Nick Rennard
By Nick Rennard | SEM | November 18, 2014

Ad Optimization Practices

The goal of AB split testing ads is to discover which lines of text generate higher click-through rates (CTR) and conversion rates (ecommerce, form submissions, etc). I’ve written before about optimizing your ad rotations with AB split testing (part 1, part 2, part 3). Today, I’d like to review a few techniques to try when writing new ad copy to compete against your current set of ads.

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Appealing to Emotion

One of the best ways to get people to click on an ad is by making the searcher feel something. This isn’t always easy to do, but the first step in this process is finding out what emotion you are trying to access within your audience. Fear is one of the best – people always like to spend money when they’re scared. For example, let’s say you run a pest exterminator business. You could try an ad like:

emotion
Cockroach Exterminator

Don’t Let Them Get Out Of Control.   <– this line is instilling the fear of losing control in its audience

Free Quote & Consult – Call Today!

www.digitalreachbugkillers.com

cockroach
Let’s try another example… perhaps you run a tree removal company:

 

Effective Tree Removal

Ominous Tree Looming Over Your Home?  <– this line is instilling fear by the threat of a tree falling on their home

We’ll Take Care Of It – Call Us Today!

www.digitalreacharborists.com 

tree removal
Asking a question is one of the easiest and most effective ways to appeal to emotion (e.g. Got Pest Problems?). Ads that appeal to emotion will often stand out over ads that don’t try to hook their audience. You can generate more leads for your business by applying this technique to see if it helps increase your Clickthrough Rate (CTR). As you’ll read in my 3-part series (linked above), finding ads with higher CTR’s will also help improve your quality scores.

 

Appeal to your Geographic Targeting

This technique only applies to local businesses. If you’re local, then you should definitely try testing it against your current ads if you haven’t already. Let’s say you run a small chain of fitness gyms in Seattle, Washington. You could try something like:

 

1-on-1 Personal Trainers

Don’t Let Yourself Go This Holiday. <– appeals to the emotion of a person’s insecurity

Best Priced Fitness Coaches In Seattle! <– appeals to people in this geographic setting

www.digitalreachfitness.com

personal trainers
Bonus points for applying both strategies! You can see here that we’re taking advantage of two things: the person’s emotions and also their geographic location. A person looking for a gym in Seattle will be significantly more likely to click on a link that says “Seattle Personal Trainers” than they will a link that says “Personal Trainers.” You can also appeal to their emotions of insecurity by reminding them that, if they don’t maintain a gym membership, they will lose their figure that they worked so hard for.

 

Title Keyword Insertion

Keyword insertion can be a little tricky, and it’s a technique that I get questions about quite frequently. Keyword insertion works by replacing a certain portion of your ad with the keyword that the searcher triggered. For example, let’s say you run a bowling supplies store, and you have an ad group that is advertising for these keywords:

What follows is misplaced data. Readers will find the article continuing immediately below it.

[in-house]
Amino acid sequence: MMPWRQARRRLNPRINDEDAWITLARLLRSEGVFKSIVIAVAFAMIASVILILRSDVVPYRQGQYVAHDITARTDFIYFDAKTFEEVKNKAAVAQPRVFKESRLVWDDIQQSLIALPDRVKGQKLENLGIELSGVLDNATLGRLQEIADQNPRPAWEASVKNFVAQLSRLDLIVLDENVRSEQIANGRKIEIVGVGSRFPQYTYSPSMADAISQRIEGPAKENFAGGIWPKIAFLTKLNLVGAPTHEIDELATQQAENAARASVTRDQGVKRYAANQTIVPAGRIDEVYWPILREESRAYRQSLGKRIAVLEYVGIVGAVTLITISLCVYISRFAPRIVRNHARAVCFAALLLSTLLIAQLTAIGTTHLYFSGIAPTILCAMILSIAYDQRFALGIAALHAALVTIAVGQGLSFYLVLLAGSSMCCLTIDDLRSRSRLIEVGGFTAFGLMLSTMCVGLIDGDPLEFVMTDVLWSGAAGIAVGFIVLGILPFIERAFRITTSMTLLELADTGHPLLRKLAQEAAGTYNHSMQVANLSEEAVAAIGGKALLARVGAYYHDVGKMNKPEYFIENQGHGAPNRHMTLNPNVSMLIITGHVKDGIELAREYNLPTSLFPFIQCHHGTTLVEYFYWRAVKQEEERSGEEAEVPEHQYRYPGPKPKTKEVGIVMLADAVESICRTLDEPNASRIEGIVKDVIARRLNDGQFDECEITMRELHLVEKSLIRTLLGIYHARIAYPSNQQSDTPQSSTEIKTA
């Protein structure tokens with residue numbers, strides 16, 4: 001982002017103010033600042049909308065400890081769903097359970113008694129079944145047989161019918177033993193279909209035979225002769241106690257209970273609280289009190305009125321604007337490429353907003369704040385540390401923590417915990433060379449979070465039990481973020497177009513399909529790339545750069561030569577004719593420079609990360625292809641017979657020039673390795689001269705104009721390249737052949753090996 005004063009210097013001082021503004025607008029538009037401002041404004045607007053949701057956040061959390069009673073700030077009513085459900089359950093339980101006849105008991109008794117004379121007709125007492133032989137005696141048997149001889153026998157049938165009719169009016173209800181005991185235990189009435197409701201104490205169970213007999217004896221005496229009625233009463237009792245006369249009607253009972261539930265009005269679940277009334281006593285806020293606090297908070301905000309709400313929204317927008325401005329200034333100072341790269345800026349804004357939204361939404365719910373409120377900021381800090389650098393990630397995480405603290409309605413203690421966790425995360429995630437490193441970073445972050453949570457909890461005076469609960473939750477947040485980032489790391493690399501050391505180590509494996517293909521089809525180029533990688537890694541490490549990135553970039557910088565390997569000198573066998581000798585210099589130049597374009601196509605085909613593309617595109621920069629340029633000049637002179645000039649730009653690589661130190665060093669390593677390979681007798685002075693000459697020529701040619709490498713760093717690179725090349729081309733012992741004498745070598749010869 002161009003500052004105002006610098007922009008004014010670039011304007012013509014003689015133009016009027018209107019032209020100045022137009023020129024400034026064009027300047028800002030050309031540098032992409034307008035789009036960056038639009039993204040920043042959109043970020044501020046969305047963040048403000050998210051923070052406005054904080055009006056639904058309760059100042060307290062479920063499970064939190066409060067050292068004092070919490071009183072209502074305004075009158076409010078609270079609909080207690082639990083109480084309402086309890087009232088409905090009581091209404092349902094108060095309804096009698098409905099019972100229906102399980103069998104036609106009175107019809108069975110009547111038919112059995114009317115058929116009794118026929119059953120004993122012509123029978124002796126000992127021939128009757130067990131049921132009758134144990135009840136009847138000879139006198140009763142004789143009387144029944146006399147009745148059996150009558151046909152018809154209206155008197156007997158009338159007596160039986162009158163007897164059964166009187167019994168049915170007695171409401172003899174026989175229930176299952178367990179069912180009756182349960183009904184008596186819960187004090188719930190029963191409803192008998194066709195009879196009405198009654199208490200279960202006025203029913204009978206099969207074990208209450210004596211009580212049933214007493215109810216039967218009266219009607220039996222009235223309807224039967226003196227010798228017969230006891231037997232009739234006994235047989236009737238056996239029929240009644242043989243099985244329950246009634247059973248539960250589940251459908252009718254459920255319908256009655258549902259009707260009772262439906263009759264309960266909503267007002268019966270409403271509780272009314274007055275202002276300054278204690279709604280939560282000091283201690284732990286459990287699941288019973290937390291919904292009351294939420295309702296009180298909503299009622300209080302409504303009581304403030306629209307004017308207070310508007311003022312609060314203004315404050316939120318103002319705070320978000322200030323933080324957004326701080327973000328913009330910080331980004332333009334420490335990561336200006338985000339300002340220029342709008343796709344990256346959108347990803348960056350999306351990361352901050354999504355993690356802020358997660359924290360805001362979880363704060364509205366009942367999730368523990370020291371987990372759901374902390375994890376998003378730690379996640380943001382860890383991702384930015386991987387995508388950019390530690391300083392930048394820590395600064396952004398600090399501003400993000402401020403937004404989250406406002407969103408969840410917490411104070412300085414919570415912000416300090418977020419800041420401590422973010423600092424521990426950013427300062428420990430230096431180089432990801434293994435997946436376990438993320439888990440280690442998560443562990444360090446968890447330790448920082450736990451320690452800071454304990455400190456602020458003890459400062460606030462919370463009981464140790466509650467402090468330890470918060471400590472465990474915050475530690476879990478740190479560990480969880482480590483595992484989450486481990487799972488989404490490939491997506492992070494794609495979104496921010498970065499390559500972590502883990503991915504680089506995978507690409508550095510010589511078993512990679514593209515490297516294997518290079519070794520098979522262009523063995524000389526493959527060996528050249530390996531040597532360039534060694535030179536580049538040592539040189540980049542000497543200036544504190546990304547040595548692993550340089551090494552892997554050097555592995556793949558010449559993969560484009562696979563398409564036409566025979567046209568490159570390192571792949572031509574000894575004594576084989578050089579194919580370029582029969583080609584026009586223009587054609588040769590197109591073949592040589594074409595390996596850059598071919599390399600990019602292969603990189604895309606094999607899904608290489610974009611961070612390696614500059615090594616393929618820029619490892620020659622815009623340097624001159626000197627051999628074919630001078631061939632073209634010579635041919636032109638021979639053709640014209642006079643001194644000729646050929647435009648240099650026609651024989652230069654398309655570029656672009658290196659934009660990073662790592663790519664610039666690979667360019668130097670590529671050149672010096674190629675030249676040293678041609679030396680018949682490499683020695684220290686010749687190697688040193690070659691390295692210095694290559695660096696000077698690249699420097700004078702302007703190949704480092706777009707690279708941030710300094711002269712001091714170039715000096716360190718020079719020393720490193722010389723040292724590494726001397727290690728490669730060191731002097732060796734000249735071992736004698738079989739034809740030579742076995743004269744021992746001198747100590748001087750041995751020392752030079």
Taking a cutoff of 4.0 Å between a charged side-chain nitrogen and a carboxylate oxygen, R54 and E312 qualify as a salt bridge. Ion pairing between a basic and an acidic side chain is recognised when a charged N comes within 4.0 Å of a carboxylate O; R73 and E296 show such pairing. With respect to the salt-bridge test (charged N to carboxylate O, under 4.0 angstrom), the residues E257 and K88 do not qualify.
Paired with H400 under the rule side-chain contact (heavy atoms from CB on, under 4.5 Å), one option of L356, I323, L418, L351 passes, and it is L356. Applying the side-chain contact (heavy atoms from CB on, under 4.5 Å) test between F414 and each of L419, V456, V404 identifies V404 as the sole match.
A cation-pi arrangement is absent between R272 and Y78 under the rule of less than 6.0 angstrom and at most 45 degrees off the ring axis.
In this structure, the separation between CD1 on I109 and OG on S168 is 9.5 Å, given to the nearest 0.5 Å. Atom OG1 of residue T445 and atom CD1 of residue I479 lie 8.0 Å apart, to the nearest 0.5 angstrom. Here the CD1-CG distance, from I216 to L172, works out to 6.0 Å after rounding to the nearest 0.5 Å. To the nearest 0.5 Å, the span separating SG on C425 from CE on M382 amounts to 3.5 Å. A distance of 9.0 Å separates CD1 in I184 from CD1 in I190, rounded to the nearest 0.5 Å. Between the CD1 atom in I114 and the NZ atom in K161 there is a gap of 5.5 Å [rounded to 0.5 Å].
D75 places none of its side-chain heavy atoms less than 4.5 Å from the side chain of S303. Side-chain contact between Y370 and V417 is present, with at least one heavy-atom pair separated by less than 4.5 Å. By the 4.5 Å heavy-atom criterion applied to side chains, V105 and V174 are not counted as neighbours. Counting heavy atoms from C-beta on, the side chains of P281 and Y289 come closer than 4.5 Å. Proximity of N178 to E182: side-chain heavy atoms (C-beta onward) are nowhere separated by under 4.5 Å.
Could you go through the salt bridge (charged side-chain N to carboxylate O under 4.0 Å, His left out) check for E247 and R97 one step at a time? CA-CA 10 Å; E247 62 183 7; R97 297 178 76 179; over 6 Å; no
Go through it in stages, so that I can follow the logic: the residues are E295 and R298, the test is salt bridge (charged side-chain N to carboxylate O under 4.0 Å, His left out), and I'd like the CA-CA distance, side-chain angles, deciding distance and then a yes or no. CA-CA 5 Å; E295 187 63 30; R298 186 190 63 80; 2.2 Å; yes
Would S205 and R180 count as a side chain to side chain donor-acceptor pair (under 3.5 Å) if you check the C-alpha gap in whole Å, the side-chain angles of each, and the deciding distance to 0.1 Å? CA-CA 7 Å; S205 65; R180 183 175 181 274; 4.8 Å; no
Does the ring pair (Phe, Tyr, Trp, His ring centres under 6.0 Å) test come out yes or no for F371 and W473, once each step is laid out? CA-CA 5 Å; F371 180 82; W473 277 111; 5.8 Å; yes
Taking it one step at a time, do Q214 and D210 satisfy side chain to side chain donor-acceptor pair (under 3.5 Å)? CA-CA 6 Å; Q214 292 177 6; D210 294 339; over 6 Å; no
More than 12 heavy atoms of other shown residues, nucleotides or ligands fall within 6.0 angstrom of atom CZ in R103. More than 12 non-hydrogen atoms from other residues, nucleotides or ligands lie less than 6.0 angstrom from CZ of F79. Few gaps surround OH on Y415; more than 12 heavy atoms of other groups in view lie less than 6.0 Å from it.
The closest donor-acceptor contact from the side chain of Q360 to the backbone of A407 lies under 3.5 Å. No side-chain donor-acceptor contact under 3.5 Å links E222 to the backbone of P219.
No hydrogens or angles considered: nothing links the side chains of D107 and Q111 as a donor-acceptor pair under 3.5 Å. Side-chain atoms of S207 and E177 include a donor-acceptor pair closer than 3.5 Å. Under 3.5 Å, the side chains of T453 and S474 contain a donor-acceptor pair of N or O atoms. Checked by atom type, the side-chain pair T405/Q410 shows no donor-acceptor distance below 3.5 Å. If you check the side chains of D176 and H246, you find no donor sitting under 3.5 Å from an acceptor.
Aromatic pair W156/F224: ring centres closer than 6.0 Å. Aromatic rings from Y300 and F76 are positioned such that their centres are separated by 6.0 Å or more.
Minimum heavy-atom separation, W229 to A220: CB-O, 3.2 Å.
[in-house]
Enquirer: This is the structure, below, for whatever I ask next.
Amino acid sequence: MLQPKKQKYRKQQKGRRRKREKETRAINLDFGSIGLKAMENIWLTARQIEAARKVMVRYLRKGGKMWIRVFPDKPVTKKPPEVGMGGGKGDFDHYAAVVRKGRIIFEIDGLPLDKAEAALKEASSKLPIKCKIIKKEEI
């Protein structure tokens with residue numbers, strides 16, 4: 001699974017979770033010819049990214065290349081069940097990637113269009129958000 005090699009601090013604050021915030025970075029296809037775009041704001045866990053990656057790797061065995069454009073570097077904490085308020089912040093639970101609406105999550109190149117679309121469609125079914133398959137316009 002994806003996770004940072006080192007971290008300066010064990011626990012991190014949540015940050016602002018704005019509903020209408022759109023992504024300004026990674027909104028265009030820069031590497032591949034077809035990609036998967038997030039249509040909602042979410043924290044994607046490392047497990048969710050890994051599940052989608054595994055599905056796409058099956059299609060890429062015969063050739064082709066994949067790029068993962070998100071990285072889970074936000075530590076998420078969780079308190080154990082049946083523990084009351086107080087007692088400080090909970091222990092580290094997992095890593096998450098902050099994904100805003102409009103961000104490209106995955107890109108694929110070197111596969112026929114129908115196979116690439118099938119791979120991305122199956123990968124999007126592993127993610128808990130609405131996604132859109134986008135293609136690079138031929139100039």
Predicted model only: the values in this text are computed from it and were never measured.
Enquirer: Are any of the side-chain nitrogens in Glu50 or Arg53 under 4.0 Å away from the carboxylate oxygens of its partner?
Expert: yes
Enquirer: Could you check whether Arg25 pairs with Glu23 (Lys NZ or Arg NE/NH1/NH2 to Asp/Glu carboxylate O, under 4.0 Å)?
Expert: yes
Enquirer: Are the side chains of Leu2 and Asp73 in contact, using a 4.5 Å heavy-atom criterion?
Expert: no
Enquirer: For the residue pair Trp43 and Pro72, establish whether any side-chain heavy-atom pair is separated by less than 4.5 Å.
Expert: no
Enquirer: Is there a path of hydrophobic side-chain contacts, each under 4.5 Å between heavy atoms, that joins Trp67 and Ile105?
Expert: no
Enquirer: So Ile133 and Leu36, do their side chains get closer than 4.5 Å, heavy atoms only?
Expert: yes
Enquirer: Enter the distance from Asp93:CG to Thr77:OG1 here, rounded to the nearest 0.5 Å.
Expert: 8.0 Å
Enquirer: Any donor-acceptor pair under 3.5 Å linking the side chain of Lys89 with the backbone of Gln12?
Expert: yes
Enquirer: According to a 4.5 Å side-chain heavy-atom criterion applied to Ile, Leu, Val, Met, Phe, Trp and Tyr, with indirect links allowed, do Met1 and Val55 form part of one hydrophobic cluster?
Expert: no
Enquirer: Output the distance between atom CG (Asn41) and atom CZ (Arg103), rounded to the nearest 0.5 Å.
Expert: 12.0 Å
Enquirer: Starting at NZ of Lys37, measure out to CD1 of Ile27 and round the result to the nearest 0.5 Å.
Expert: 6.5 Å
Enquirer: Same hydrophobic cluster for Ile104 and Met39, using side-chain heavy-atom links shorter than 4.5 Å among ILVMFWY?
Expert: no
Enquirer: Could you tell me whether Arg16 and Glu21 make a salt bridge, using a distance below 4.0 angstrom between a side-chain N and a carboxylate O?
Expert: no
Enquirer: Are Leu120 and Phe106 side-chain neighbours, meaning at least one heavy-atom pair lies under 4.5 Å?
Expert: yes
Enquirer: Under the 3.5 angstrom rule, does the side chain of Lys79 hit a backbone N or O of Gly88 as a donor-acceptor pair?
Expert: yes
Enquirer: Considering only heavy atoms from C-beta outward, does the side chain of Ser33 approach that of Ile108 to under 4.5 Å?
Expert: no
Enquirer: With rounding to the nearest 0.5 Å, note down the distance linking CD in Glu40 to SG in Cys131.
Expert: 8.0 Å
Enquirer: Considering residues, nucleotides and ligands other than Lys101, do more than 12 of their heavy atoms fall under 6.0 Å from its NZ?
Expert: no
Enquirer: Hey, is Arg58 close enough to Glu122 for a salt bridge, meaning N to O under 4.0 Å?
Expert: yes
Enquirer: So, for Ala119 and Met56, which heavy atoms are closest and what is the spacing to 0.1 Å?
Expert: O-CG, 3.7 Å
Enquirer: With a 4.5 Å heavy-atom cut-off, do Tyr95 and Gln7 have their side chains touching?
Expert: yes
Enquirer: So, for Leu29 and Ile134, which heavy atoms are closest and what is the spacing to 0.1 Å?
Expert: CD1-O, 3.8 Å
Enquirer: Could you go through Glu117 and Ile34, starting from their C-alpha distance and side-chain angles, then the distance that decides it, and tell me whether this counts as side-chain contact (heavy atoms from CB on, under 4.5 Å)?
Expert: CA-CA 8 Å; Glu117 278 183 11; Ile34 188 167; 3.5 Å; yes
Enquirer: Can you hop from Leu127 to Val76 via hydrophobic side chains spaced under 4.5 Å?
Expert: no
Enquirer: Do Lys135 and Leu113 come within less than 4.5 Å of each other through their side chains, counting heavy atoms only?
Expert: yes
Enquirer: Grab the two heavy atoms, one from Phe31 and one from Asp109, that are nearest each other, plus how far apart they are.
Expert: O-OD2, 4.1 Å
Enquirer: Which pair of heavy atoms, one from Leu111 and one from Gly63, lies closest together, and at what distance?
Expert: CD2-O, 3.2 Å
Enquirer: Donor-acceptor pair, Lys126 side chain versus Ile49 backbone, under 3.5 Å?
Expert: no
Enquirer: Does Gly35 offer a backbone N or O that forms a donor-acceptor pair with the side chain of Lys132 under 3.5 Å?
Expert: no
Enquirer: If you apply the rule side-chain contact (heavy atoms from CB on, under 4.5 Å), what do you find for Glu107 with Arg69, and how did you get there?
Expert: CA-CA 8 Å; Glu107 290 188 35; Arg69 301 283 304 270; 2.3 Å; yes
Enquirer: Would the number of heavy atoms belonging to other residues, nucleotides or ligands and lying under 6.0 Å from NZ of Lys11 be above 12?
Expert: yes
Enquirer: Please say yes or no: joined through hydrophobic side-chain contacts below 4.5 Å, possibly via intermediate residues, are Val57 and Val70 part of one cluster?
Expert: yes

bowling shoes

bowling shirts

bowling balls

bowling gloves

bowling supplies

 

Let’s say your ad looks something like this:

 

Quality Bowling Supplies

Get The Best Brands @ The Best Prices.

Free Shipping On Orders Over $100!

www.digitalreachbowling.com

 

Now, let’s say someone types into Google “bowling shoes.” Your keyword, “bowling shoes” is triggered, and your ad shows up. One thing you need to keep in mind is that your ad doesn’t actually have anything written about shoes. Nor does it have anything written about shirts, balls, or gloves. How do we change that? You could split these keywords up into separate ad groups and write separate ads (which, in this specific example, would actually be a very good idea), but let’s say you want to keep them all together. You can try using keyword insertion in the title so that your ad looks like:

 

{Keyword:Quality Bowling Supplies}

Get The Best Brands @ The Best Prices.

Free Shipping On Orders Over $100!

www.digitalreachbowling.com

 

Recall that keyword insertion works by replacing a certain portion of your ad with the keyword that the searcher triggered. In the case with the person looking up “bowling shoes,” their ad would be custom tailored to show up on their screen as:

 

Bowling Shoes

Get The Best Brands @ The Best Prices.

Free Shipping On Orders Over $100!

www.digitalreachbowling.com

bowling
Neat, huh? You can also use it within the description lines or the display URL to show something like “Get The Best Prices On {Keyword:Bowling Supplies}!” But be careful! Many people first learn about keyword insertion and decide to start implementing it everywhere in their ads. You need to look over your keywords and make sure that your keyword insertion makes sense grammatically no matter what keyword gets triggered. For example, if one of your keywords was “buy bowling shoes online,” then you wouldn’t want your keyword insertion to display something like: Get The Best Prices On Buy Bowling Shoes Online!

If you haven’t already, I recommend you read through my 3-part series for ad rotations and AB split testing (part 1, part 2, part 3). Then, work to incorporate some of these techniques into your ad copy.

 

Happy Advertising!

 

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